Tale of pre-digital film-making

Whatever It Takes is one of the great "little Kiwi battler'' stories told brilliantly, Jim Sullivan writes.


WHATEVER IT TAKES:
PACIFIC FILMS AND JOHN O’SHEA 1948-2000
John Reid
Victoria University Press

Sir Peter Jackson may have given us blockbuster movies about Hobbits, but when it comes to producing films with a real New Zealand identity the man to turn to is John O'Shea, a true pioneer of the local film business.

Whatever It Takes gives us a frame-by-frame story of O'Shea, covering the topic in such detail that the film-history buff could hardly want for more.

John Reid, himself a prolific director and scriptwriter, has captured the minutiae of the films of the 1960s onwards with a procession of close-ups which not only traverse the technicalities of pre-digital film-making, but also paint a broader picture giving a cast of the medium's heroes and villains.

Among the villains can be counted, from time to time, exhibiters Kerridge Odeon and Amalgamated Theatres, which called the tune when it came to choosing what would be shown. Often an American or British film would hog the screens, while a local film-maker, like O'Shea had a multitude of obstacles to overcome.

To get a film into screen-able form might often mean a procession of meetings with politicians or using laboratories in Sydney. To remain solvent, O'Shea's Pacific Films relied on short features commissioned by BP, General Motors or TEAL and government departments.

Those who remember the excitement of queuing at the local cinema to see the rugby tests against South Africa in 1956 will learn that such thrills were only possible through sponsorship from Caltex (Jack Sullivan, of the NZRFU, was also a Caltex executive) and filmed by Pacific Films in almost impossible conditions.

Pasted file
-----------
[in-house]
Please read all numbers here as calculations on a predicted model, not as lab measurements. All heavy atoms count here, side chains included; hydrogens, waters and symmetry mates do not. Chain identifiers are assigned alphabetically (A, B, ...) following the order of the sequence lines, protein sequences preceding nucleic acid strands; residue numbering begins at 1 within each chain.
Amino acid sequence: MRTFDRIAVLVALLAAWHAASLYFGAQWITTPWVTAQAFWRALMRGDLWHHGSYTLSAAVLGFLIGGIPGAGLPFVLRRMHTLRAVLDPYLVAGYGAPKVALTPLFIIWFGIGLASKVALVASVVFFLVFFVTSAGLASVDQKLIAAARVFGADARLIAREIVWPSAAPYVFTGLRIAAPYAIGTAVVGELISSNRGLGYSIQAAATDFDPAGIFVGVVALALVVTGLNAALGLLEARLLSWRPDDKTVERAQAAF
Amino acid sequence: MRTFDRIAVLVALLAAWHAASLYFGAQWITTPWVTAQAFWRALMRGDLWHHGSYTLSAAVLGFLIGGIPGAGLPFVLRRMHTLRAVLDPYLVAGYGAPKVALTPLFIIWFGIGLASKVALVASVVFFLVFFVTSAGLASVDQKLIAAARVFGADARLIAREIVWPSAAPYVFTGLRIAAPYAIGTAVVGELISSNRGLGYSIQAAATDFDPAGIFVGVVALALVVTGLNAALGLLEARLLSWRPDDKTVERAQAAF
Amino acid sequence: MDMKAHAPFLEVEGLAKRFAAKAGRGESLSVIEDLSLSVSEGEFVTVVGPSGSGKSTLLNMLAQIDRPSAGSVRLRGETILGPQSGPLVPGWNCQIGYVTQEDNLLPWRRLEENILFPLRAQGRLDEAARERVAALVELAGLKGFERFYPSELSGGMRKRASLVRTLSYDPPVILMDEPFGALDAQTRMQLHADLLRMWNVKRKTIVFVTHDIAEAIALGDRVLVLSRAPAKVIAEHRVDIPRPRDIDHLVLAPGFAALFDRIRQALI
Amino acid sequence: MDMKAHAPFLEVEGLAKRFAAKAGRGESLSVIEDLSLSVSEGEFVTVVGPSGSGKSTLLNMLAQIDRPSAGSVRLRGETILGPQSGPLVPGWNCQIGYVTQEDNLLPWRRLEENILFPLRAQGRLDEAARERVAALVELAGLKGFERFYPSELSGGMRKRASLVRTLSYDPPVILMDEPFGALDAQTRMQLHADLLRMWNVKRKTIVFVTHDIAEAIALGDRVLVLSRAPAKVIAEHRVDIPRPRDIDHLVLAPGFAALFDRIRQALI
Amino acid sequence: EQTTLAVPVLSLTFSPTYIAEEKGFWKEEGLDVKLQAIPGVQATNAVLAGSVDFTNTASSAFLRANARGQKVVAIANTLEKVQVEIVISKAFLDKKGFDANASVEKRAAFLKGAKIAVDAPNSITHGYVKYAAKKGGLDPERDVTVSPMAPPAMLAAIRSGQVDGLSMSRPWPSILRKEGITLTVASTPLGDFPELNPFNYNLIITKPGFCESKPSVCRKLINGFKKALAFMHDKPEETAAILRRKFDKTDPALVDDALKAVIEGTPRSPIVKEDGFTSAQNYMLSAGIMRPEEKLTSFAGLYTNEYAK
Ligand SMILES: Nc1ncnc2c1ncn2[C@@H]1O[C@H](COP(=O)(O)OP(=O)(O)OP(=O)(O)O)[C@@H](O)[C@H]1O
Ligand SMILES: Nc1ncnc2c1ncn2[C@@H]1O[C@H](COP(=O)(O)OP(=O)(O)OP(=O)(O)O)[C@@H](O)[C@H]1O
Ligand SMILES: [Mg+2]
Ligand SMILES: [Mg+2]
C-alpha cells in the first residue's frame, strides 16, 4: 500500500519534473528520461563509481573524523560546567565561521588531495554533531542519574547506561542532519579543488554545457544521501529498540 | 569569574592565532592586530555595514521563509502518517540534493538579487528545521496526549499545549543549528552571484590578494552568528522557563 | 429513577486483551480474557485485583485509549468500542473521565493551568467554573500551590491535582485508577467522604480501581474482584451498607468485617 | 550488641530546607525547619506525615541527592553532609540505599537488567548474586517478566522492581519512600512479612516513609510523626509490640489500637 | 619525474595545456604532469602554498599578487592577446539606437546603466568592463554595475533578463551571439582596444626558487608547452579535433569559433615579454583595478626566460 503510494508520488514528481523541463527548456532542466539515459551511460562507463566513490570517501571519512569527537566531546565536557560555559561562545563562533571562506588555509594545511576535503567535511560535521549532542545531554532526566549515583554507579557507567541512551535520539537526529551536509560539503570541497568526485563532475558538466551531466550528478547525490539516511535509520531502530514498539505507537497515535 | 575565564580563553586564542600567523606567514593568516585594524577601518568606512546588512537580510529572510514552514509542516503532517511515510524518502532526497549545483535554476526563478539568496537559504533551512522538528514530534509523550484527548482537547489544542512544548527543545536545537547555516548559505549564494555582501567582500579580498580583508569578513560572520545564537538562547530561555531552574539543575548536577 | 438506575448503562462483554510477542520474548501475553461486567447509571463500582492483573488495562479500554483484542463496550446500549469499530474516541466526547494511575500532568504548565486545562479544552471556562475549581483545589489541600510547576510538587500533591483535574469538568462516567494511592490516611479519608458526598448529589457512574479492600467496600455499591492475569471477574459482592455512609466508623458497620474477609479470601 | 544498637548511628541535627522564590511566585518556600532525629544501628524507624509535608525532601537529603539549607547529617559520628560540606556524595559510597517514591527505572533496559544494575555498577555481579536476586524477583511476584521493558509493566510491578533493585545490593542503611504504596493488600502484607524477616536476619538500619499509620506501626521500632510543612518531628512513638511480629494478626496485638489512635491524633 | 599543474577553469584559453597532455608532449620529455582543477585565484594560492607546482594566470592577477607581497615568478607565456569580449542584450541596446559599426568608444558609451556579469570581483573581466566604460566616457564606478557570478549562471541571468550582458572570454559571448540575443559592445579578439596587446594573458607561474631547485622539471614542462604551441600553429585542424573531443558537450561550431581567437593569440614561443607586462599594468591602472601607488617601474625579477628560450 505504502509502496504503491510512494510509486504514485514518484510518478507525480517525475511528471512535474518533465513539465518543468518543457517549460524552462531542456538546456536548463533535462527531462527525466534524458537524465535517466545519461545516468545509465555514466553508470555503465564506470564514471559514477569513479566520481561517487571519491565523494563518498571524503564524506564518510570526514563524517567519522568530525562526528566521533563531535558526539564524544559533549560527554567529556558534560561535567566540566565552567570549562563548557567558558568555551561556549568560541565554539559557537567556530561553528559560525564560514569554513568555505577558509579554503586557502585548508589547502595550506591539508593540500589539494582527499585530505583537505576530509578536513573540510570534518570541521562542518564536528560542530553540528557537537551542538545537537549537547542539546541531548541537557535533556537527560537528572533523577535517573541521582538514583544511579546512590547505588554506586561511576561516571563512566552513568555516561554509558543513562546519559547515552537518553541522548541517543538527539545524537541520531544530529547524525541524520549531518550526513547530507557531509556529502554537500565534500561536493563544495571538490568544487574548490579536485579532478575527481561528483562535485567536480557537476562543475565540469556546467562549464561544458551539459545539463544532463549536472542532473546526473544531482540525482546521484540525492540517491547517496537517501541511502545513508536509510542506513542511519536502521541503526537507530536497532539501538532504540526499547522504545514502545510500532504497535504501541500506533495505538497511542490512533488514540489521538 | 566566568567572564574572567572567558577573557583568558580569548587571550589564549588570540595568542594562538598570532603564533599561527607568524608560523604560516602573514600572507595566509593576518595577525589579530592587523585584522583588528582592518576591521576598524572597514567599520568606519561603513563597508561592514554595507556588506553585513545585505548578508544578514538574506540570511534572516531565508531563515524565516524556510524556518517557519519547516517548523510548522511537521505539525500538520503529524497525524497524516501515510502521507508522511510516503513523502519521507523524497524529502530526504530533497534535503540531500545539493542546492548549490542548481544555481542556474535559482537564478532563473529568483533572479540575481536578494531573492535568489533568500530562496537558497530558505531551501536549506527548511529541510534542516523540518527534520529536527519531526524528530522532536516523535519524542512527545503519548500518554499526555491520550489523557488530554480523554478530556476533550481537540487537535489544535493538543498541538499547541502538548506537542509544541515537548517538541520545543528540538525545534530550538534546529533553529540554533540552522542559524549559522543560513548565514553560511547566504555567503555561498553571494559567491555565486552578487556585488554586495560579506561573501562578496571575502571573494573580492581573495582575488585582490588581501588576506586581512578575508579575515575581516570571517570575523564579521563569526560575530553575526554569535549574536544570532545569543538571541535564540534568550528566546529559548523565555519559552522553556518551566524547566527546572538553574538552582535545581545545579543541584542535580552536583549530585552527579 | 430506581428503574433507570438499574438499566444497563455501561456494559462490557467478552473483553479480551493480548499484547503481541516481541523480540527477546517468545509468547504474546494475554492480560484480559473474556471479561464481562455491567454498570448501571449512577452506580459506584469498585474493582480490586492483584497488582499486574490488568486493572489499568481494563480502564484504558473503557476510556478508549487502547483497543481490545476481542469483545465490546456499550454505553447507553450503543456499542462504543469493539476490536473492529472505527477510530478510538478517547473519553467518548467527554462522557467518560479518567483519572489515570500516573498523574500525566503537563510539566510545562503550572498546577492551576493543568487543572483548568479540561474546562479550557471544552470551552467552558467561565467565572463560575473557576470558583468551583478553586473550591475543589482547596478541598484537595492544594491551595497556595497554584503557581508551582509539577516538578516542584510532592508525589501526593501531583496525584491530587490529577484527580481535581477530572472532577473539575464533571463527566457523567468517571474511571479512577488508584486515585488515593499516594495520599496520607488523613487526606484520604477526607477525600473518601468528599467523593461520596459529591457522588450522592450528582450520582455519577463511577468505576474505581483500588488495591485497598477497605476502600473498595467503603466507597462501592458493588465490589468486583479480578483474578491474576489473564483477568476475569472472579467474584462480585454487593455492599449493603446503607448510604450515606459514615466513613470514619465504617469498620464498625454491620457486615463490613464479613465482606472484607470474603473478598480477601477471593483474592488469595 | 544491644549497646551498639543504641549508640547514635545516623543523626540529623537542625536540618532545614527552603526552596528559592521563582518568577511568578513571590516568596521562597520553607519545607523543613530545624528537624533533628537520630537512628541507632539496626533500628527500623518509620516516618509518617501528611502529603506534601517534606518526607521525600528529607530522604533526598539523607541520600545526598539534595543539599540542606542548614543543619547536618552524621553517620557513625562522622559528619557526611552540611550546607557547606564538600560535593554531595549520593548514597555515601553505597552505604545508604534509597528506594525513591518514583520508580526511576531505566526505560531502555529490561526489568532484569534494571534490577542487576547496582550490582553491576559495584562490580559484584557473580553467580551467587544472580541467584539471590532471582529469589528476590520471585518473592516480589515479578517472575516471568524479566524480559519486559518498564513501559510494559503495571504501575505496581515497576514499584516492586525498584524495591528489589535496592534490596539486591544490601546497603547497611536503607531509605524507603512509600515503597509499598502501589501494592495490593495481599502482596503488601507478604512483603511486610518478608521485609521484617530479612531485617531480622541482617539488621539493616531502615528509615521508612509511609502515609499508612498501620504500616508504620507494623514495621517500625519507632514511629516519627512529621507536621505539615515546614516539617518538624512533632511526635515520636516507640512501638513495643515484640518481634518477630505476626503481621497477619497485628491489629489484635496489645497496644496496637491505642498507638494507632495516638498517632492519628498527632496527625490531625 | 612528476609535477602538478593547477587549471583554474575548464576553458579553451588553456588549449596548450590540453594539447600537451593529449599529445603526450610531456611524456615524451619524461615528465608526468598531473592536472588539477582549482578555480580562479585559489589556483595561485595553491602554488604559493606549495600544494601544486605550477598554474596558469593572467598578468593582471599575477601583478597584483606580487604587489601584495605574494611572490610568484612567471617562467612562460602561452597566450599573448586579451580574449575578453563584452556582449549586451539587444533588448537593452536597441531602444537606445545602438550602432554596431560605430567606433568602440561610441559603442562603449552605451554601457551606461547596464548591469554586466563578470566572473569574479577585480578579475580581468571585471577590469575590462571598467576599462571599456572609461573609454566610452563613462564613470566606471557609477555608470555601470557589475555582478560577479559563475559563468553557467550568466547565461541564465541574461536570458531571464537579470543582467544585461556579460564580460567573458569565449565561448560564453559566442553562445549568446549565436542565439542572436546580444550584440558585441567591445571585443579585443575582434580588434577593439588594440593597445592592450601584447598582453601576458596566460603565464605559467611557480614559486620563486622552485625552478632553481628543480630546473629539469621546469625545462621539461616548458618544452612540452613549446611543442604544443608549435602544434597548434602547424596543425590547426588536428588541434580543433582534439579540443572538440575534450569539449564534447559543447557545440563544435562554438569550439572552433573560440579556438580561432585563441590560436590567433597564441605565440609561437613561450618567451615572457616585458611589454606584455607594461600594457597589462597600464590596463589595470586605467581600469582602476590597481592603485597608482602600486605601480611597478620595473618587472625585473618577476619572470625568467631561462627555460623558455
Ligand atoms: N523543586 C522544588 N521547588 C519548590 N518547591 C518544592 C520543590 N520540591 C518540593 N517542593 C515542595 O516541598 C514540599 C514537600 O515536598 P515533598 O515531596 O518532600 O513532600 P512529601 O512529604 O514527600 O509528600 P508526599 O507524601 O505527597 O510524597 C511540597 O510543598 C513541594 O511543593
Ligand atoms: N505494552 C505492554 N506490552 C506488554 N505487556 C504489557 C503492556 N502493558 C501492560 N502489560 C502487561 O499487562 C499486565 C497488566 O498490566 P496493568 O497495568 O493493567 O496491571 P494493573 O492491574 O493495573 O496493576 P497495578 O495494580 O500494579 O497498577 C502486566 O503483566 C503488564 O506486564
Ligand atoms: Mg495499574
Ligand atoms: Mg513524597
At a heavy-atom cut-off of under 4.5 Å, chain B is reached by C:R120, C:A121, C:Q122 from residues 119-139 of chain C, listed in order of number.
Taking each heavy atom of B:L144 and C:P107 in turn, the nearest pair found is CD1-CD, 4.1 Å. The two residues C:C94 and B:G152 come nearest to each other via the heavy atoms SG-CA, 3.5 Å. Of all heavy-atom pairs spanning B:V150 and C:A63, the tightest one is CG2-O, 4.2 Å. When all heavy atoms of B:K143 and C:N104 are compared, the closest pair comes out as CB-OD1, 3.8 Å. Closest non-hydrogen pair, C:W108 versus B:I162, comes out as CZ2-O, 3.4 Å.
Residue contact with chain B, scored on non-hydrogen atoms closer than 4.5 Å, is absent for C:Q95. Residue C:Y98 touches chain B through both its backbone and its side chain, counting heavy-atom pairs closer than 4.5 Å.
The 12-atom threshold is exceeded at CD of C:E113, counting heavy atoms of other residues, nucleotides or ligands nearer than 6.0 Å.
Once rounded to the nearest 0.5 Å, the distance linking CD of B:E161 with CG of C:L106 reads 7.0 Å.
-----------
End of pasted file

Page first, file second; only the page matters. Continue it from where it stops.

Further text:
But we loved seeing New Zealand on screen and queued again to see O'Shea's ground-breaking Don't Let It Get You, an extraordinary hotch-potch of music (Howard Morrison and Kiri Te Kanawa) and a meandering storyline. Feature films such as Runaway and Broken Barrier gave local audiences a chance to see New Zealanders in dramas which reflected local issues and conditions.

In the 1950s Pacific Magazine (items often relying on "product placement'' type support) revealed that the government-funded National Film Unit's Weekly Review was not the only possibility for a New Zealand newsreel.

Television, torn between reserving work for its staff and being seen to support the private film industry, was never a great supporter of Pacific Films and other private film-makers.

All in all, Whatever It Takes is one of the great "little Kiwi battler'' stories and John Reid has told it brilliantly, even if only the film nerd will appreciate all of the technical stuff.

Jim Sullivan is a Patearoa writer.

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